PEORIA, Ill. (WMBD) — Last month, the Peoria County Board made what county leaders are calling “gut-wrenching” reductions to the county budget. Now, three county departments could get more money soon. Friday, county board chairman Andrew Rand announced potential alterations in the budget. If approved, the general fund balance would increase by $853,500, bringing it to a total of $20,127,591. The $853,500 would be split between the Peoria County Sheriff’s Office, the State’s Attorney’s Office and the Election Commission. The state’s attorney is slated to get $104,000, the county sheriff is slated to get $449,500 and the county election commission is slated to get $300,000.
The Peoria County Sheriff said that with initial budget cuts, the only option he had was to stop mental health services at the jail and re-entry programs. Now, he is hoping more money will sustain these services.
“We have 70% of the persons incarcerated in that building with some form of mental health issues you could see how dangerous that would be for not alone staff but those that reside in that building,” Asbell said.
The sheriff said if his department is approved for more money he can hire a re-entry program coordinator or social worker. He said he’s considering highering an ex-offender for the re-entry program position.
“With all the problems going on in the world I can’t go to different parts of the community as a white police officer and try to have these conversations, but I truly believe if we have these trust-building exercises while they’re in custody that we’ll actually have individuals leaving the jail returning to the community and saying let’s work together,” Sheriff Asbell said.
The Peoria County Election Commission Executive Director Thomas Bride said Gov. J.B. Pritzker is expected to sign a bill into law that mandates local election officials to increase vote-by-mail options. Bride said this creates a unique challenge, and they will need more money to manage.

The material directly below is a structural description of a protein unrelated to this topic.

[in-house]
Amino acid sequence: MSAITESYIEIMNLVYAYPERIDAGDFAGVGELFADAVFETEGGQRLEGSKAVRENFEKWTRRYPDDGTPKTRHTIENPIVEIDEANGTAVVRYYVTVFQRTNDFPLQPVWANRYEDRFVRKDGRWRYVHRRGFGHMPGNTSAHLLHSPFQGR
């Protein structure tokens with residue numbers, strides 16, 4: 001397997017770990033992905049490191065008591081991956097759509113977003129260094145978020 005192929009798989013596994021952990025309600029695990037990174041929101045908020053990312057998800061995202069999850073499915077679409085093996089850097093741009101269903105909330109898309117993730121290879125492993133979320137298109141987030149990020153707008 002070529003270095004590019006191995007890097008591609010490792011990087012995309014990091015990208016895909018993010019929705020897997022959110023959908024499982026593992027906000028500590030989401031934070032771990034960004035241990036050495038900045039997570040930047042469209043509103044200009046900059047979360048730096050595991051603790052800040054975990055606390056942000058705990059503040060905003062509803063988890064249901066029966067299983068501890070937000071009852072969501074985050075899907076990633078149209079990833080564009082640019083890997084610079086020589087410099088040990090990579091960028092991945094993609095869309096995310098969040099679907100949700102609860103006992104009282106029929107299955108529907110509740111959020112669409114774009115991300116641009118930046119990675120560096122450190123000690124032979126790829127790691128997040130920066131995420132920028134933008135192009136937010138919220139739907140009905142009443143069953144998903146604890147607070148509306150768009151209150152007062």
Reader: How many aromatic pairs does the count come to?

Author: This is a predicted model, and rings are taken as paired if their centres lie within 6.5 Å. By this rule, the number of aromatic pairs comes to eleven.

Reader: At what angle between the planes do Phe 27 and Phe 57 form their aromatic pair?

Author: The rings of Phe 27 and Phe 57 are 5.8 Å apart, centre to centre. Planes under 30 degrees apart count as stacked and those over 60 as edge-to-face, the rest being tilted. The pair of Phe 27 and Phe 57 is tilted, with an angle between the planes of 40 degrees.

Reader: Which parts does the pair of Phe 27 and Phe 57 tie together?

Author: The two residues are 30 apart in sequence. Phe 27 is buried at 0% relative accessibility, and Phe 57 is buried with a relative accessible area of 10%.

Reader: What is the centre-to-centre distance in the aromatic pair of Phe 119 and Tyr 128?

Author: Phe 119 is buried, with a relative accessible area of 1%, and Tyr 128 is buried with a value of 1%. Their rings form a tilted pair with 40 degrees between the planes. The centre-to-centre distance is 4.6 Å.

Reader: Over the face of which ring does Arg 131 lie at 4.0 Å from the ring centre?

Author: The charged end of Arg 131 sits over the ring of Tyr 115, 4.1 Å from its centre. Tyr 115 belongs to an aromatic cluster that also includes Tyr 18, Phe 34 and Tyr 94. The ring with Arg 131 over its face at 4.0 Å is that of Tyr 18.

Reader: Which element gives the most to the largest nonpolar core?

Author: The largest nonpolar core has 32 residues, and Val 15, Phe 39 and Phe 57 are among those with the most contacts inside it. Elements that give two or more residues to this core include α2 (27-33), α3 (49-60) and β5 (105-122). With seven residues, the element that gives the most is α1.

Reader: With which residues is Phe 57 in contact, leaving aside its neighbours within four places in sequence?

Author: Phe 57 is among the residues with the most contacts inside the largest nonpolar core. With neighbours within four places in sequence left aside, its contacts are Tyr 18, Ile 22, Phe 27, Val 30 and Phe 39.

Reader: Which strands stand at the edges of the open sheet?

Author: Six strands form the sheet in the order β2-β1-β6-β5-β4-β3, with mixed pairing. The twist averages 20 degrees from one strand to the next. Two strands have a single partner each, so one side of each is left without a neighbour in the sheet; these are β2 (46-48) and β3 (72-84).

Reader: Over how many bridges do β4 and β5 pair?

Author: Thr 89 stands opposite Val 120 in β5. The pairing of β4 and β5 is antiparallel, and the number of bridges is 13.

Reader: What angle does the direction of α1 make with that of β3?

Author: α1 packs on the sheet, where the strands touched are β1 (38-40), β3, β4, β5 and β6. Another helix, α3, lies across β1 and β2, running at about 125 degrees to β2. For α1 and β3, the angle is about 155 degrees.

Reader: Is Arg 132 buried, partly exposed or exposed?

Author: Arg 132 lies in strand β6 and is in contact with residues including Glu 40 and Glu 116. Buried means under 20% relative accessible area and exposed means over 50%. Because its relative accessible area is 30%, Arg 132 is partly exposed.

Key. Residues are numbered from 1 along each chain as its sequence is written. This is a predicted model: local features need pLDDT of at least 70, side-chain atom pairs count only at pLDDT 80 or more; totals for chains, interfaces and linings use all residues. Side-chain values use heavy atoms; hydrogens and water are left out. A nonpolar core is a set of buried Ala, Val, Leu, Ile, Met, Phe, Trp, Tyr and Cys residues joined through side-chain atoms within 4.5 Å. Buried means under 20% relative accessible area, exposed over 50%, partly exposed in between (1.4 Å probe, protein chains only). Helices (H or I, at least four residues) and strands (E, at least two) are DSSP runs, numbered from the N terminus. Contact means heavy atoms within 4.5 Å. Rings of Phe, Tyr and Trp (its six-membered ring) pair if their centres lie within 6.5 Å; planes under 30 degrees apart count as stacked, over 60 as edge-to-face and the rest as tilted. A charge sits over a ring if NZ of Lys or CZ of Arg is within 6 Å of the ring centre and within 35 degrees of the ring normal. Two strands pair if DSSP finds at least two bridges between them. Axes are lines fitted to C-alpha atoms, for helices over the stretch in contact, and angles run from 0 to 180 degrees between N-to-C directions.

“Democracy begins at the ballot box, but you have to have access to the ballot box to make sure you have democracy,” Bride said.
Bride said he wants to make sure all tools are in place for the election to be fair and secure.
Also, the Peoria County State’s Attorney Jodi Hoos said now has an opportunity to bridge divides that have existed for decades, while building relationships that will last for decades.
Hoos said the events that shook the nation made it clear that more work needs to be done regarding race relations. If approved for more funding, Hoos plans to hire an attorney and a social worker. She said both will be tasked with identifying, correcting and preventing social injustices occurring in our criminal justice system.
“You really need to have your thumb on the pulse of the community and as the top law enforcement person in the county that’s what I want when something bad happens,” Hoos said. “I need to not only know how to respond, but who to respond to.”
Hoos adds, she would rather make a difference than do nothing and watch Peoria be the next city to make national headlines.
The county board chairman said he has received multiple questions about where the money will come from. “I know what account we’ll take it out of, but we don’t have a revenue source tied to it, so we’re going to increase our spending and not have revenue coming in to match it,” he said.
The budget amendment will be presented at a special budget committee meeting Tuesday at 3 p.m. The Peoria County Board meeting will follow and board members will take a vote on said funding.